Source: Want to know how to turn change into a movement? | Gapingvoid

    What kind of world do we want? (or, why regulation matters)

    I saw a thread on Mastodon recently, which included this image:

    Three images with the title 'Space required to Transport 48 People'. Each image is the same, with cars backed up down a road. The caption for each image is 'Car', 'Electric Car' and 'Autonomous Car', respectively.

    Someone else replied with a meme showing a series of images with the phrase "They feed us poison / so we buy their 'cures' / while they ban our medicine". The poison in this case being cars burning fossil fuels, the cures being electric and/or autonomous cars, and the medicine public transport.

    There's similar kind of thinking in the world of tech, with at least one interviewee in the documentary The Social Dilemma saying that people should be paid for their data. I've always been uneasy about this, so it's good to see the EFF come out strongly against it:

    Let’s be clear: getting paid for your data—probably no more than a handful of dollars at most—isn’t going to fix what’s wrong with privacy today. Yes, a data dividend may sound at first blush like a way to get some extra money and stick it to tech companies. But that line of thinking is misguided, and falls apart quickly when applied to the reality of privacy today. In truth, the data dividend scheme hurts consumers, benefits companies, and frames privacy as a commodity rather than a right.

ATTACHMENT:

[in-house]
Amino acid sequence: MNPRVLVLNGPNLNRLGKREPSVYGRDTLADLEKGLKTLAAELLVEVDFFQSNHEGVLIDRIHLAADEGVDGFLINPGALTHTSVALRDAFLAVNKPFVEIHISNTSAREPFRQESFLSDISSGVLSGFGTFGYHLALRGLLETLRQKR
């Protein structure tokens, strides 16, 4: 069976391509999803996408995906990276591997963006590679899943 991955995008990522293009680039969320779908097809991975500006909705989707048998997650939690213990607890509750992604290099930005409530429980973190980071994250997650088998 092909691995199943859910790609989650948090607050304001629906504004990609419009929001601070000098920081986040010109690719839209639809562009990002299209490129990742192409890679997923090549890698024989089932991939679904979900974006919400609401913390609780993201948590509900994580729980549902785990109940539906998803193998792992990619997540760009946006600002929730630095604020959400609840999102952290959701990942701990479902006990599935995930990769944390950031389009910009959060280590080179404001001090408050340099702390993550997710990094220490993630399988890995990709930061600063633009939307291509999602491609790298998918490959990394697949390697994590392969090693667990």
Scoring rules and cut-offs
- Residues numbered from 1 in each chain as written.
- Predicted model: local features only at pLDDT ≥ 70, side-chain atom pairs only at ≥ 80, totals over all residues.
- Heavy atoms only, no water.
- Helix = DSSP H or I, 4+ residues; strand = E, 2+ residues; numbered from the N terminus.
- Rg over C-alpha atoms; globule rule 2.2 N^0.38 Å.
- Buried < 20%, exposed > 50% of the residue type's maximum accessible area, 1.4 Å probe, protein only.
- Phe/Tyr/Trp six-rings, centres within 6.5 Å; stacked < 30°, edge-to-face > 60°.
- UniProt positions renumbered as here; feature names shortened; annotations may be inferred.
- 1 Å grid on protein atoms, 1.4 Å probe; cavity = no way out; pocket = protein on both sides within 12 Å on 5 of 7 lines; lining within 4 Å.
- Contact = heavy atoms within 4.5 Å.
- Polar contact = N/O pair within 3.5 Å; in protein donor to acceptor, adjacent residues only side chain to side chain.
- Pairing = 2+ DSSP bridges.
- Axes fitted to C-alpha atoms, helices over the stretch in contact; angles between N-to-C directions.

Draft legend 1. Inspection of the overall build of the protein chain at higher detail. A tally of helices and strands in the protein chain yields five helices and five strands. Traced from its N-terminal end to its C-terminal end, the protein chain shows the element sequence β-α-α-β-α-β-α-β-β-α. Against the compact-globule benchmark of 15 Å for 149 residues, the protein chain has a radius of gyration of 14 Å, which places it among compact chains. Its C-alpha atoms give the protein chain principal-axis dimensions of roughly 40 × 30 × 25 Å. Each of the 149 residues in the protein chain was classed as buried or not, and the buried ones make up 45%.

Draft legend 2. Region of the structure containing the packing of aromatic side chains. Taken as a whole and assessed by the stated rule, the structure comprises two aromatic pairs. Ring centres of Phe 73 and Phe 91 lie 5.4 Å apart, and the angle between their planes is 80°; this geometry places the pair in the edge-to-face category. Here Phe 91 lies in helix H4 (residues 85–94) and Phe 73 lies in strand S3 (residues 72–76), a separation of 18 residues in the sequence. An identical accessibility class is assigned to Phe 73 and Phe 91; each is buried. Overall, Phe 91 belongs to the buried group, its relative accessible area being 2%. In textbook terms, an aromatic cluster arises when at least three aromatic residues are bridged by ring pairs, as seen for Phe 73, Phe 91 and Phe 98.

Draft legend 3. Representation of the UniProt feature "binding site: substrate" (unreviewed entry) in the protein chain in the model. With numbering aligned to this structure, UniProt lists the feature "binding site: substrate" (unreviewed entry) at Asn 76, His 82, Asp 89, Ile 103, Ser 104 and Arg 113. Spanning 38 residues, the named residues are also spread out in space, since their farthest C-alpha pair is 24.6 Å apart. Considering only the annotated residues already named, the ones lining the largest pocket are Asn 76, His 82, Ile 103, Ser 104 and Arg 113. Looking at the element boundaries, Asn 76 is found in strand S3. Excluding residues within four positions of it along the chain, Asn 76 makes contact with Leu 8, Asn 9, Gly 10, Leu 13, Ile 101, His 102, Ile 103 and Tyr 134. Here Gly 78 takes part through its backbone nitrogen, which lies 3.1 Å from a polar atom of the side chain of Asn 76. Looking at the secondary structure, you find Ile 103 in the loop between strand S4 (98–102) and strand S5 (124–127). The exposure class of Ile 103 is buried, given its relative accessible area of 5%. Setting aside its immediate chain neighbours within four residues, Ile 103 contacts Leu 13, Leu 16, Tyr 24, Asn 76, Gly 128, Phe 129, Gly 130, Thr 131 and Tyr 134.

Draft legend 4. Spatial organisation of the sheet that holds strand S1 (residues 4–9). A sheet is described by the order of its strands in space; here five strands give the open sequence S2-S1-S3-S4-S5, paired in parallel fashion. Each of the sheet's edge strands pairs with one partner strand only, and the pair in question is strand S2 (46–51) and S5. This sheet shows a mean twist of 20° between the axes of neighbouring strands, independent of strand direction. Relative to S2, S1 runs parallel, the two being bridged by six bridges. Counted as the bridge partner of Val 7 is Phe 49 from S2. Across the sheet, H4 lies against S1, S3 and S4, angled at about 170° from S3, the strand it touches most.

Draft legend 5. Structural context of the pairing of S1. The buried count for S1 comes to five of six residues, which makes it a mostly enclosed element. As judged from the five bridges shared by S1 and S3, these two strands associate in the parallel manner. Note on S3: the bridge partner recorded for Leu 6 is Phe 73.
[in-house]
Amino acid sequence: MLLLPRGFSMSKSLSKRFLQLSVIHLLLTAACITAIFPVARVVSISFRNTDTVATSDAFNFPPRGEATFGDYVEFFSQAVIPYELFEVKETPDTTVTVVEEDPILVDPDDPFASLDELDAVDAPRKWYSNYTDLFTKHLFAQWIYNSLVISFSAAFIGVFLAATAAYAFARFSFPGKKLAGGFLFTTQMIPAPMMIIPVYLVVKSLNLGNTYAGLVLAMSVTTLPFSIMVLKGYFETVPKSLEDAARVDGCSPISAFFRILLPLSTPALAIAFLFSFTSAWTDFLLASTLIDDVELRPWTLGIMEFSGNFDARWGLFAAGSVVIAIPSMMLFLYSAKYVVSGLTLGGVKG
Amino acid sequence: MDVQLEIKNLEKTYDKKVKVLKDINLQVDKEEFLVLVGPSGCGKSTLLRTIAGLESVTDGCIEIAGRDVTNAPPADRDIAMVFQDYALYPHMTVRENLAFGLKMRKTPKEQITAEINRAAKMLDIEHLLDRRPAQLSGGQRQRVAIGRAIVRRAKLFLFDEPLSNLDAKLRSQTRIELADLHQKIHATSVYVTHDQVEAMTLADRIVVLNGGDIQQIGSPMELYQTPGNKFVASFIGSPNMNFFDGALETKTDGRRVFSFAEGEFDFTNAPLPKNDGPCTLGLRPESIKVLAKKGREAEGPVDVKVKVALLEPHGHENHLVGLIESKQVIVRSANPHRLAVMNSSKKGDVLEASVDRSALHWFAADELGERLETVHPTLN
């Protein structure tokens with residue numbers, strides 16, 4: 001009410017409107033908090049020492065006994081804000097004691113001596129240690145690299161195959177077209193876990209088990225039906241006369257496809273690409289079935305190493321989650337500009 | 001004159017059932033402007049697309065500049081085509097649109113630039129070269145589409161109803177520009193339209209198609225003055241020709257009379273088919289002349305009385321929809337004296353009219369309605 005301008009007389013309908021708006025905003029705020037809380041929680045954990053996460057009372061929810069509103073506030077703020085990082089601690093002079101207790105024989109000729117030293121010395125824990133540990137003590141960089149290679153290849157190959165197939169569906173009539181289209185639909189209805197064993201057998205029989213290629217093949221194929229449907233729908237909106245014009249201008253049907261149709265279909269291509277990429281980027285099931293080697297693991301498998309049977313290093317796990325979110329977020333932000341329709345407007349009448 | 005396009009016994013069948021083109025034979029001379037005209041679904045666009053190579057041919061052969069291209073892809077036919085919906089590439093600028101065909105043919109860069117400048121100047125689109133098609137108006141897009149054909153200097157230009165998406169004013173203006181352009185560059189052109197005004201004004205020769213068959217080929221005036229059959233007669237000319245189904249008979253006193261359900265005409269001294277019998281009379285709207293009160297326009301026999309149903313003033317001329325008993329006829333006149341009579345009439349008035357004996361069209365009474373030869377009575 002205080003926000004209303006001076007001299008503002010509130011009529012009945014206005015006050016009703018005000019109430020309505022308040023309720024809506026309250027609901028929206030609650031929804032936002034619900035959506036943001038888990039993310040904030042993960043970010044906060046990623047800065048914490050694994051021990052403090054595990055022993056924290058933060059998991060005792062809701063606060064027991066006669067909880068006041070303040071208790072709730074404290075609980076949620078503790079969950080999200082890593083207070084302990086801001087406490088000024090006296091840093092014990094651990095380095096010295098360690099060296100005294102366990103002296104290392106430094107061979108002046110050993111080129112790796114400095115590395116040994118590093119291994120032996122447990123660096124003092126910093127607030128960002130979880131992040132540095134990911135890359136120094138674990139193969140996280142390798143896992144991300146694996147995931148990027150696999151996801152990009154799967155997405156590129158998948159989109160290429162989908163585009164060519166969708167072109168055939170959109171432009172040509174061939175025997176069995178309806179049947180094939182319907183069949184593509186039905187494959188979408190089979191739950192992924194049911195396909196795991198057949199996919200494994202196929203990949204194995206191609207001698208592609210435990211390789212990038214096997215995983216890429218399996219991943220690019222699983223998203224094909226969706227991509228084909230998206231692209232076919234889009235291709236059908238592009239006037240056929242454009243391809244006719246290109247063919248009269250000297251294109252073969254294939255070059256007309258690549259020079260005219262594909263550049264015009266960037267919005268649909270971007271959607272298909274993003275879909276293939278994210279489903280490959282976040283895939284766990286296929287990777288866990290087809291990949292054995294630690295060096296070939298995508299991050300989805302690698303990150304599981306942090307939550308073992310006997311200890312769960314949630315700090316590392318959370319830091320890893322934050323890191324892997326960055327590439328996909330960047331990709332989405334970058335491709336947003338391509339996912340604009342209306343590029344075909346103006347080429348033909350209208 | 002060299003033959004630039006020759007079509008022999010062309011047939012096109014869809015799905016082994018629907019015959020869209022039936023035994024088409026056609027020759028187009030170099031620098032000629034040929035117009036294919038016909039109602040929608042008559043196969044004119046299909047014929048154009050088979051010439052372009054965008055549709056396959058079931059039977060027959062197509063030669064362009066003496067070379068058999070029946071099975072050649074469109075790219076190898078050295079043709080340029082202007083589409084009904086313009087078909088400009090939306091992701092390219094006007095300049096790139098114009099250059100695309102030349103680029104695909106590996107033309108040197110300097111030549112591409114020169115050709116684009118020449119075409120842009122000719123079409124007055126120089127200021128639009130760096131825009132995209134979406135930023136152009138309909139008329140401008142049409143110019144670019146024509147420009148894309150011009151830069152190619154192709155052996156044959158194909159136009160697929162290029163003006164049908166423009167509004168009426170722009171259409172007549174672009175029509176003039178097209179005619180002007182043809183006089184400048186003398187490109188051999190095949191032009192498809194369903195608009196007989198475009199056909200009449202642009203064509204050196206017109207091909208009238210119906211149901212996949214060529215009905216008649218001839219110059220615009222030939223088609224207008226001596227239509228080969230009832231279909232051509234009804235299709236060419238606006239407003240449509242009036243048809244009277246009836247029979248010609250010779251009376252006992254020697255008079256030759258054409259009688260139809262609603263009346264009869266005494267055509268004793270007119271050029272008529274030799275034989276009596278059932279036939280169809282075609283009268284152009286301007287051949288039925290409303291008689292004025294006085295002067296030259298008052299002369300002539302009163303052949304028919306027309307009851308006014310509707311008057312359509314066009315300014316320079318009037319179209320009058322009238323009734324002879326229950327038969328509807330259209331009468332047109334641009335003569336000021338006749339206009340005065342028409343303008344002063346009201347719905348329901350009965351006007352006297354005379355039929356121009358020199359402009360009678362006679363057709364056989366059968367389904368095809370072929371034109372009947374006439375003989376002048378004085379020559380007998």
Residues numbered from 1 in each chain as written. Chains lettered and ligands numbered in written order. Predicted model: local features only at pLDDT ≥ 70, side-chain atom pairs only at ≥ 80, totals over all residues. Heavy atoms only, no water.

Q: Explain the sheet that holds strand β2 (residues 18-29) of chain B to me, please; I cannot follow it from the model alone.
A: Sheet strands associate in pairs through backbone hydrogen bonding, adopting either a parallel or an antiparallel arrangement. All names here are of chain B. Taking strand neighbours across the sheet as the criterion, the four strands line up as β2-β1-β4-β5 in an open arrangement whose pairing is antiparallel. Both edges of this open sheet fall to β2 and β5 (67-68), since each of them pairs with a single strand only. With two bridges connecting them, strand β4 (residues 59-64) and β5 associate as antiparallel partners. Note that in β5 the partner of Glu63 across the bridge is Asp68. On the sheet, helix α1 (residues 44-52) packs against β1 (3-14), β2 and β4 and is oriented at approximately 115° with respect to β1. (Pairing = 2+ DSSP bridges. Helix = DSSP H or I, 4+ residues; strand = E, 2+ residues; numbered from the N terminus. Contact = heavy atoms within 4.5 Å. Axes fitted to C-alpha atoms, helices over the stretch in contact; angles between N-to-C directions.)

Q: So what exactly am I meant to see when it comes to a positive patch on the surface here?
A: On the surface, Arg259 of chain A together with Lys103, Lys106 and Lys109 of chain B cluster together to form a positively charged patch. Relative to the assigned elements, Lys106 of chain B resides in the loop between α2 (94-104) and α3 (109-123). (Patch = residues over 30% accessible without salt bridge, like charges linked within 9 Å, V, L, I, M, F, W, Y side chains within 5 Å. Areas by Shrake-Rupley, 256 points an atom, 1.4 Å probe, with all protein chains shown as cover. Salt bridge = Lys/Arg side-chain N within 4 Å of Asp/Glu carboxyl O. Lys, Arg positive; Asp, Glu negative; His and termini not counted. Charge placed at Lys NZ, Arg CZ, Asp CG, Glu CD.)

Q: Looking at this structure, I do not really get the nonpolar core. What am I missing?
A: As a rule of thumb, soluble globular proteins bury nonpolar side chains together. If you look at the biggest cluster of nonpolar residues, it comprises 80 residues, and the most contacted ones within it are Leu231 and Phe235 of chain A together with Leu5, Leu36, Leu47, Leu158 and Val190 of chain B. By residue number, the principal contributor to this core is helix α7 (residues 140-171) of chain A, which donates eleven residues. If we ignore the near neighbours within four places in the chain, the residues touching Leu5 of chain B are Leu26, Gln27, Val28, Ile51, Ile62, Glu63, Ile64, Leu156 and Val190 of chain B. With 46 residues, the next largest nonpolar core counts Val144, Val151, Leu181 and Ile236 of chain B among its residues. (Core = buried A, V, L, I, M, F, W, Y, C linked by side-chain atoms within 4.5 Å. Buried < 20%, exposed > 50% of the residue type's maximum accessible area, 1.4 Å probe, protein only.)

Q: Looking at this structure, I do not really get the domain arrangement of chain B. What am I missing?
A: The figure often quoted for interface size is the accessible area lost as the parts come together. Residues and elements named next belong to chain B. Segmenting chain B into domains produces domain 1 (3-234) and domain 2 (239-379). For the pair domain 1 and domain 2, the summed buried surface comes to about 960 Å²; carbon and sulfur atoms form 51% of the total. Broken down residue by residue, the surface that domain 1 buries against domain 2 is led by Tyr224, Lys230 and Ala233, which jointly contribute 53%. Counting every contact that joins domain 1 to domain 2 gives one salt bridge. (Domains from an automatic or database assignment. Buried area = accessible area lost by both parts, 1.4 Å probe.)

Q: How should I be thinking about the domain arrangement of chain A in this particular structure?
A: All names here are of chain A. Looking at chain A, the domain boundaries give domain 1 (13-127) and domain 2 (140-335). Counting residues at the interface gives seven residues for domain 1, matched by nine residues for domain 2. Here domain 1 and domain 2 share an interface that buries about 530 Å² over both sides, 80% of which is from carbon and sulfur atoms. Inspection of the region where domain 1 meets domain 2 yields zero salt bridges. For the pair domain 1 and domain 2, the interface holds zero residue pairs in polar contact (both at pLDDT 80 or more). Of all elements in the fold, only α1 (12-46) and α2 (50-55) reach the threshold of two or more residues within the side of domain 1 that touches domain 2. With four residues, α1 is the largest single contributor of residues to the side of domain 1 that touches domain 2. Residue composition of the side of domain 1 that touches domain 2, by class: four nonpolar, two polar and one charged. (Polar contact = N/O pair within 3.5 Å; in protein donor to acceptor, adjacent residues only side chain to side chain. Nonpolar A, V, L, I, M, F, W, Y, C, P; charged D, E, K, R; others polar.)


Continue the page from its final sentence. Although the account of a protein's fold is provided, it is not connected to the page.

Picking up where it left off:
EFF strongly opposes data dividends and policies that lay the groundwork for people to think of the monetary value of their data rather than view it as a fundamental right. You wouldn’t place a price tag on your freedom to speak. We shouldn’t place one on our privacy, either.

    Hayley Tsukayama, Why Getting Paid for Your Data Is a Bad Deal (EFF)

    As the EFF points out, who would get to set the price of that data, anyway? Also, individual data is useful to companies, but so is data in aggregate. Is that covered by such plans?

    Facebook makes around $7 per user, per quarter. Even if they gave you all of that, is that a fair exchange?

    Those small checks in exchange for intimate details about you are not a fairer trade than we have now. The companies would still have nearly unlimited power to do what they want with your data. That would be a bargain for the companies, who could then wipe their hands of concerns about privacy. But it would leave users in the lurch.

    All that adds up to a stark conclusion: if where we’ve been is any indication of where we’re going, there won’t be much benefit from a data dividend. What we really need is stronger privacy laws to protect how businesses process our data—which we can, and should do, as a separate and more protective measure.